JERUSALEM, (Reuters) – U.S. envoy George Mitchell told Israeli Prime Minister Benjamin Netanyahu on Friday Washington was committed to Israel’s security and wanted a peace settlement that would give the Palestinians a state.
“That has been American policy. That is American policy. That will be American policy,” Mitchell told Netanyahu, repeating President Barack Obama’s pledge of strong and enduring ties to Israel on its 62nd anniversary earlier this week.
Netanyahu and Obama have been sharply at odds over Israeli settlements in the occupied West Bank, land Palestinians want for their state. Palestinian President Mahmoud Abbas refuses to resume talks suspended in December 2008 until settlement stops.
Netanyahu is trying to bridge a damaging split with his country’s closest ally, but without yielding ground to the United States or the Palestinians that could destroy his pro-settler ruling coalition government. He told Mitchell: “I look forward to working with you and with President Obama to advance peace. We’re serious about it. We know you’re serious about it. We hope the Palestinians respond — we have to move this process forward.”
Mitchell has visited the region a dozen times in the past year without managing to revive talks stalled for 16 months over Israel’s refusal to meet the Palestinian demand for a settlement freeze that it considers an unacceptable precondition.
Speaking ahead of his latest mission, a U.S. State Department spokesman on Thursday said: “We don’t go to meet just to meet. We go there because we have some indication that both sides are willing to engage seriously on the issues.”
Netanyahu and Mitchell met for about two hours. Without revealing substantive details, Netanyahu’s spokesman said: “The meeting was a good one.” Further talks would be held on Sunday.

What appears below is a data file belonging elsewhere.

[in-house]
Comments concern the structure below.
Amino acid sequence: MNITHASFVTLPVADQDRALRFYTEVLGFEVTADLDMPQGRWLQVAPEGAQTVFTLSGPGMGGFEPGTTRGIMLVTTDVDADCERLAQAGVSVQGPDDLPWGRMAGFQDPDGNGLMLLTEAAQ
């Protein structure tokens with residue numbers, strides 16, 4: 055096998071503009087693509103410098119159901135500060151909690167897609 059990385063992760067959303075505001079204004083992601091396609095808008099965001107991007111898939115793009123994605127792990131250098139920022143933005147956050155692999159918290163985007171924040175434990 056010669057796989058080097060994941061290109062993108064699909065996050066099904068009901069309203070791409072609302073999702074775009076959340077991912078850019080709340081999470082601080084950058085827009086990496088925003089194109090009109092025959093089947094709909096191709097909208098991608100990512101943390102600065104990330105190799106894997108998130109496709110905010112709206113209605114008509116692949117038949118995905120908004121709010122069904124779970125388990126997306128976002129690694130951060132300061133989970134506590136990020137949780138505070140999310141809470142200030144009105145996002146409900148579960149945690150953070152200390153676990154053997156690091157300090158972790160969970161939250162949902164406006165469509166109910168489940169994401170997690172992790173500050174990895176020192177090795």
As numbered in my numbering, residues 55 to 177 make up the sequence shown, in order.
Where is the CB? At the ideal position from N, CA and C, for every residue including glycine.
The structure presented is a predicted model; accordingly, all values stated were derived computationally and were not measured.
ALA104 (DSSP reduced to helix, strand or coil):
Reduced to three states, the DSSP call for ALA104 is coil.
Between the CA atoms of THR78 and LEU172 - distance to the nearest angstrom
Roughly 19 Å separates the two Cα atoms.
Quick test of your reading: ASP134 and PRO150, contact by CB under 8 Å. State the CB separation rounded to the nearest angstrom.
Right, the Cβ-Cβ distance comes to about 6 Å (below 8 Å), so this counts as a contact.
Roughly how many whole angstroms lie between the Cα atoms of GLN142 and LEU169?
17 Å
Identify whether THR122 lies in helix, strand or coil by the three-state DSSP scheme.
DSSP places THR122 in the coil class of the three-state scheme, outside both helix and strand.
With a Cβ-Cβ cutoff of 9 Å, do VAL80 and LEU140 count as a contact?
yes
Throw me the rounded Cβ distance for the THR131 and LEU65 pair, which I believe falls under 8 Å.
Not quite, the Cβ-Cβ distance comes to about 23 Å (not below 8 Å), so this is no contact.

Mitchell was due to meet Palestinian leader Abbas in the West Bank city of Ramallah, north of Jerusalem, in the early evening. He began his mission by meeting Defence Minister Ehud Barak, leader of the centre-left Labour Party, who on Monday sounded a public alarm over the state of Israel’s ties with Washington, saying the coalition “must act to change things”.
As Mitchell flew in on Thursday, one European diplomat said: “I think we’re all now very focused on seeing what the Americans may come up with.” He added: “They’re the ones who may be able to move things along, though it’s not clear how.” “Netanyahu clearly has to balance maintaining his coalition with his relationship with the Americans,” the diplomat said.
Netanyahu reiterated on Thursday that he would not freeze settlement building in East Jerusalem, land Israel captured in 1967 and annexed as part of its capital in a move not recognised internationally.
“Our policy in Jerusalem will not change,” he told Israel’s Channel Two television. “There won’t be a freeze in Jerusalem … Why do I need to give up on Jerusalem?”
A senior Israeli official played down a newspaper report that Netanyahu had proposed agreeing to Palestinian statehood with temporary borders in order to sidestep deadlock over Jewish settlements in the West Bank and East Jerusalem.
Abbas has rejected past Israeli suggestions for a state with provisional borders, but the left-wing daily Haaretz said Netanyahu was floating an interim deal to entice him back to the negotiating table, as Obama is urging.